Embattled Rouhani’s Peace Hint Has Few Takers Within Iran


ByNaveed Ahmad

Iranian President Hassan Rouhani’s February 17 speech, spelling out his desire for peace with neighbors. “Iran is ready to work with regional states to preserve security in the Middle East,” Rouhani had stated in Hormozgan province. “We want to establish brotherly ties with all countries of the region,” Rouhani said in a speech televised on the state media. He, however, denied that Tehran ever initiated aggression in the Middle East.

Amidst signature chants of ‘Death to America’ and ‘Death to Israel,’ the president warned that the regional countries believing in Israel and America for ensuring regional security were wrong. The overture came about a week after the Warsaw Summit, jointly hosted by the US and Poland.
Iran watchers globally received the speech with skepticism as the media outlet played it up. As the president chose to sound restrained, his military commanders were doing exactly the opposite. In a knee-jerk reaction to the killing of 27 troops of Revolution Guard Corps in Sistan-Balochistan province, they were threatening Saudi Arabia, the UAE and Pakistan with retaliation.

Finding an opportunity to woo its ally, Indian Foreign Minister Sushma Swaraj stopped over in Tehran while returning from Europe. “Iran and India suffered from two heinous terrorist attacks in the past few days resulted in big casualties. Today in my meeting with Sushma Swaraj the Indian FM, when she had a stopover in Tehran, we agreed on close cooperation to combat terrorism in the region. Enough is enough!” Araghchi tweeted.

The proposal of talks got further clouded by remarks of Iran’s Supreme Leader Ayatollah Khamenei whom Iran Students News Agency (ISNA) quoted as saying, “Our enemies’ unclean hearts are full of enmity towards the Islamic Republic … our officials should not be deceived by the Europeans. So, don’t be fooled by Europeans.”

Seemingly Rouhani’s call for a rapprochement with the neighboring states has proven cry in the wilderness. The seasoned politician may not have meant it the way his words were received outside the country. He might be just testing the political temperature. It can’t be farther from the truth for the economic crunch resulting from Trump’s punishing sanctions has angered the revolutionaries as well as his fellow parliamentarian. The calls for his resignation are becoming more pronounced and widespread.

The state marked the 40th anniversary of the revolution earlier this month, projecting heightened nationalistic fervor through a string of public gatherings and event across various large cities of the country. The exchange rate for the US dollar has soared beyond 13,800 rials while exports and foreign investment continue to decline. Rouhani’s popularity peaked when the nuclear deal was signed with P-5 in 2015. The political situation in Iran is evolving fast, with little damage control options with either side.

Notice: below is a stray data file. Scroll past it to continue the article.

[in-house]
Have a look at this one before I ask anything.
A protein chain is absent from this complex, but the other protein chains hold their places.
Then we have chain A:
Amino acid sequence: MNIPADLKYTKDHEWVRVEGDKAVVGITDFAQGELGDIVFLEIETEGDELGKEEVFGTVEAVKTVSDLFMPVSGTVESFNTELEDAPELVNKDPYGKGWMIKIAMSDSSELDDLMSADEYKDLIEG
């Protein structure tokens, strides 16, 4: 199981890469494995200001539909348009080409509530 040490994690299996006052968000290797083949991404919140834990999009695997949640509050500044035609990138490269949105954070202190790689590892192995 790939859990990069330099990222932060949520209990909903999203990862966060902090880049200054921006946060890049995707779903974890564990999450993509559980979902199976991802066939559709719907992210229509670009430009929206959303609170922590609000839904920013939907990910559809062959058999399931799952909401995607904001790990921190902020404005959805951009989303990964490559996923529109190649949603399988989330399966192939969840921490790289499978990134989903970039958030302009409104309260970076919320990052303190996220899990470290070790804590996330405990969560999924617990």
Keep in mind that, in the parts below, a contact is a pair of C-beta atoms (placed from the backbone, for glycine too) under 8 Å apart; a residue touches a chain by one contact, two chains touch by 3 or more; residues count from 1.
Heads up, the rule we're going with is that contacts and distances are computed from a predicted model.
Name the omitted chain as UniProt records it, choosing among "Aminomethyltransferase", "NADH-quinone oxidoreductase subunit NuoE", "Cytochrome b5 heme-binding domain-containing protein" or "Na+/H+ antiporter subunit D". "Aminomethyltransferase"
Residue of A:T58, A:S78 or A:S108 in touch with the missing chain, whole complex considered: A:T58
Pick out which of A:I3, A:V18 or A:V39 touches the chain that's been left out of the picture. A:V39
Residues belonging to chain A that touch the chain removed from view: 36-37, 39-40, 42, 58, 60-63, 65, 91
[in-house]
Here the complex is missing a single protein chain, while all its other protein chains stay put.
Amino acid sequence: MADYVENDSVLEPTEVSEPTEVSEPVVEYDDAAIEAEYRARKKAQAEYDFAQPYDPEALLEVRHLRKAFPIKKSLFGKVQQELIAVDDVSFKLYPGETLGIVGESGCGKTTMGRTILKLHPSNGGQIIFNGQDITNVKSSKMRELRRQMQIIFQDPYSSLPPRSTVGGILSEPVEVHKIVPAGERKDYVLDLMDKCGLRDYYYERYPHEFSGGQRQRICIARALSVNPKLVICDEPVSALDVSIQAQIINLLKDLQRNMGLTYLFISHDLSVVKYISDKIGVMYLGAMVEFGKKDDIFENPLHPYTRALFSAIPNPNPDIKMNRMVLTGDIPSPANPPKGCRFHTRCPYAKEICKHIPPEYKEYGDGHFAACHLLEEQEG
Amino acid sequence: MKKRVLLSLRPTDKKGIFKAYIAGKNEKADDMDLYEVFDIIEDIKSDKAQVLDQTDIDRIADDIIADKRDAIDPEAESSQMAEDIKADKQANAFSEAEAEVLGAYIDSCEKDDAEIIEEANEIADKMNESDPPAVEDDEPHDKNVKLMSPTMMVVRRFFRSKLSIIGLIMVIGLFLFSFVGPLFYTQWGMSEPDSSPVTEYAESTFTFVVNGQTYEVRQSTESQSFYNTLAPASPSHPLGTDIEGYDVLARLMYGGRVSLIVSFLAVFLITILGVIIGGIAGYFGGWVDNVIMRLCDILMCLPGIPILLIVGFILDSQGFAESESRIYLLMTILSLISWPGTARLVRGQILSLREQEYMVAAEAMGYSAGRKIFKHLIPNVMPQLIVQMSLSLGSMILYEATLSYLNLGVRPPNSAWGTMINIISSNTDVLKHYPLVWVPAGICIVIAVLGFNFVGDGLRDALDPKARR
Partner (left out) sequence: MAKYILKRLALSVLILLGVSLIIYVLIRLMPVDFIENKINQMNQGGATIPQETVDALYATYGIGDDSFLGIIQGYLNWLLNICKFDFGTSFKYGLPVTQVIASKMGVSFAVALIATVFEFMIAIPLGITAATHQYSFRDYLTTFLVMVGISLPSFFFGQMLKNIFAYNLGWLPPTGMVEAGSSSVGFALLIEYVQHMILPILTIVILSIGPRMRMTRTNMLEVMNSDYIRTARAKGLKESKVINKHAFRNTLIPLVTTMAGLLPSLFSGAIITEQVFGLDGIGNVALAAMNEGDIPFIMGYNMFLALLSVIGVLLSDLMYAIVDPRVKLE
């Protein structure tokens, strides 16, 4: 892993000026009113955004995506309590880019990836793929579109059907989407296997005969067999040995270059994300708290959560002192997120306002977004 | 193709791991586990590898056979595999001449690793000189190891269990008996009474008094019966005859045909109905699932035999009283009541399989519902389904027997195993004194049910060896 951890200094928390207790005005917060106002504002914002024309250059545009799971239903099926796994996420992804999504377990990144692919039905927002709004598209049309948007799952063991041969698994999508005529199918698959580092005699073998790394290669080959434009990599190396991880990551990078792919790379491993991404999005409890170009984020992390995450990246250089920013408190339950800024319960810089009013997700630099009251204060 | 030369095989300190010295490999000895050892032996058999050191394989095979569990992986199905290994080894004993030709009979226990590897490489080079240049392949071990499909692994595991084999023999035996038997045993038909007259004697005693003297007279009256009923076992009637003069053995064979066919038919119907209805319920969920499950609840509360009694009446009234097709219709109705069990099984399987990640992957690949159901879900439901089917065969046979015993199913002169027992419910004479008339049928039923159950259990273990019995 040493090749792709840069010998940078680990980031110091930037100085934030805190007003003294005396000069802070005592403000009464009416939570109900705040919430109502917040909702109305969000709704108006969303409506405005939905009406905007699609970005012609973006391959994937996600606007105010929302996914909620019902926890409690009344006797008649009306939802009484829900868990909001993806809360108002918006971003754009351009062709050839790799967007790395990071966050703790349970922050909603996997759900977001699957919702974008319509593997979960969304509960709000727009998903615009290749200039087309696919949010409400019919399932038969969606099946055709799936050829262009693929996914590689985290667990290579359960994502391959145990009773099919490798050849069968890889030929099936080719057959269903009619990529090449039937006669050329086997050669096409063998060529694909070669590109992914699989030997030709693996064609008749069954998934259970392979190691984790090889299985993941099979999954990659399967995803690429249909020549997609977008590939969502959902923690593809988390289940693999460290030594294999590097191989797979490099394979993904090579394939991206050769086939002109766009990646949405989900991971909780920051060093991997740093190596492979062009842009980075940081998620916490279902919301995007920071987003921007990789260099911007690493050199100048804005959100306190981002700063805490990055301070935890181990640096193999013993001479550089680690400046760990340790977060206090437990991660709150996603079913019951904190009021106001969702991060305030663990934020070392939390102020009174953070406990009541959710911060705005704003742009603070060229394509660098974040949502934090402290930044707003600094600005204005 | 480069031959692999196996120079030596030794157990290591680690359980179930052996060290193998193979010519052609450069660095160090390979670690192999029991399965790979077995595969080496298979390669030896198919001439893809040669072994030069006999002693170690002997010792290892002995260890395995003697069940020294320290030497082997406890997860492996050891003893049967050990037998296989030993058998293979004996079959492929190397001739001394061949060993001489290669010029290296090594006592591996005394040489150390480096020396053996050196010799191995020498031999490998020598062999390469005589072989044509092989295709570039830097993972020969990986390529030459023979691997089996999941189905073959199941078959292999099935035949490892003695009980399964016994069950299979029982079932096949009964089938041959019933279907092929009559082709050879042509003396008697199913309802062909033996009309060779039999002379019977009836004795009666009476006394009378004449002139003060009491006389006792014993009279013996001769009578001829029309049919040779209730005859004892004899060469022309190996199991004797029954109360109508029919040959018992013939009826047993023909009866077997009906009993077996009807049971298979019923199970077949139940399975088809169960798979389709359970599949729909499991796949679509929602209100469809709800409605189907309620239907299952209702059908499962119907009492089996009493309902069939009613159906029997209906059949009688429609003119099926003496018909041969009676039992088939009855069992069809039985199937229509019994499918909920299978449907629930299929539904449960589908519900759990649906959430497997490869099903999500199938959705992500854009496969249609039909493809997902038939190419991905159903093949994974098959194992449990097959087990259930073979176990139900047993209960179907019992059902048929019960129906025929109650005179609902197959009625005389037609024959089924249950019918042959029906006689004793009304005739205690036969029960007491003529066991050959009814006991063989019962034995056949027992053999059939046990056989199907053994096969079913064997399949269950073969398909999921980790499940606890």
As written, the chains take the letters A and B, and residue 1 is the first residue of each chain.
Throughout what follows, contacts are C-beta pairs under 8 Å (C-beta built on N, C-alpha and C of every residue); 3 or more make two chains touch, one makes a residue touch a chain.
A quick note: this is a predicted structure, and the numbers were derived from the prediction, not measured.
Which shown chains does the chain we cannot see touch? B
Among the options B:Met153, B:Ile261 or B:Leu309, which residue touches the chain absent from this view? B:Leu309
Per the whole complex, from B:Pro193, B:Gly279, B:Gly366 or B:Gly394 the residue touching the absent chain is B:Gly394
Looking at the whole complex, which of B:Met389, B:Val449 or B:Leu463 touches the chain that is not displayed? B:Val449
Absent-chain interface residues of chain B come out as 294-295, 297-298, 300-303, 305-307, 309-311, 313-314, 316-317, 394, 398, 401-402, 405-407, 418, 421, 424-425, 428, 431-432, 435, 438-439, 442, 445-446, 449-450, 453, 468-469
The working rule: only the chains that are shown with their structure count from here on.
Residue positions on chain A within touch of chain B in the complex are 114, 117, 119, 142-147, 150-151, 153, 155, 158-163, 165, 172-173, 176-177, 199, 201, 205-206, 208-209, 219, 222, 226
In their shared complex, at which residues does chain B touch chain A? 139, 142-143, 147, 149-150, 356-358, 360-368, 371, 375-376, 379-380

It is reported that former IRGC General Hassan Abbasi told a politically charged crowd in Karaj region saying Rouhani, Larijani and Zarif will spit on for wasting time on the nuclear deal once they leave power. Since President Rouhani’s resignation can embroil Iran into a deeper crisis, the pressure tactics are aimed at keeping the military cleared of public rage. The campaign actually aims at shifting the blame from the IRGC’s extended footprint to economic mismanagement. Rouhani is likely to stay in office for another two of his term.

Any meaningful actions towards lowering of tensions in the Gulf or reducing IRGC footprint in Iraq, Syria and Lebanon are costly political choices for the Iranian polity and clergy alike. Rouhani’s mild offer for talks has been shredded to pieces with last week’s naval exercises in the Strait of Hormuz, the second in the past six months. On February 24, Tehran test-fired its first-ever cruise missile from torpedo-hatch of its submarine. Typically, the missile’s range and payload are not announced. Still, the launch of a cruise missile from a submersible is a major boost to Iran’s naval capability, especially in the context of its threats to blockade the Strait of Hormuz. The year 2019 is slated to be the year of Iran’s navy.

The toxic atmosphere leaves little prospects for US-Iran dialogue. Even the European nations are being criticized for doing little to alleviate Tehran’s economic woes. Foreign Minister Javad Zarif expressed his frustration at the Munich Security Forum without mincing words. “For instance, INSTEX falls short of the commitments by the (European countries) to save the nuclear deal. Europe needs to be willing to get wet if it wants to swim against a dangerous tide of US unilateralism.” He even went to compare Iran’s economic ties to Europe with China’s.

“If the United States were to come, in the course of their fight with China, and tell Europe to stop dealing with China, what would you do? Whatever you (would) want to do then, do now in order to prevent that eventuality.” The Iranian FM said taking a jibe at US Vice President Mike Pence’s call to Europe to support his country’s nuclear sanctions.

Rouhani’s bid for relief in the Gulf or from the European nations will unlikely to be taken earnestly if the military continues to test new tactics and hold provocative wargames.

Opinions in this article reflect the writer’s point of view, not necessarily the view of Rasanah

Naveed Ahmad
Naveed Ahmad
Research Fellow (Strategic Affairs)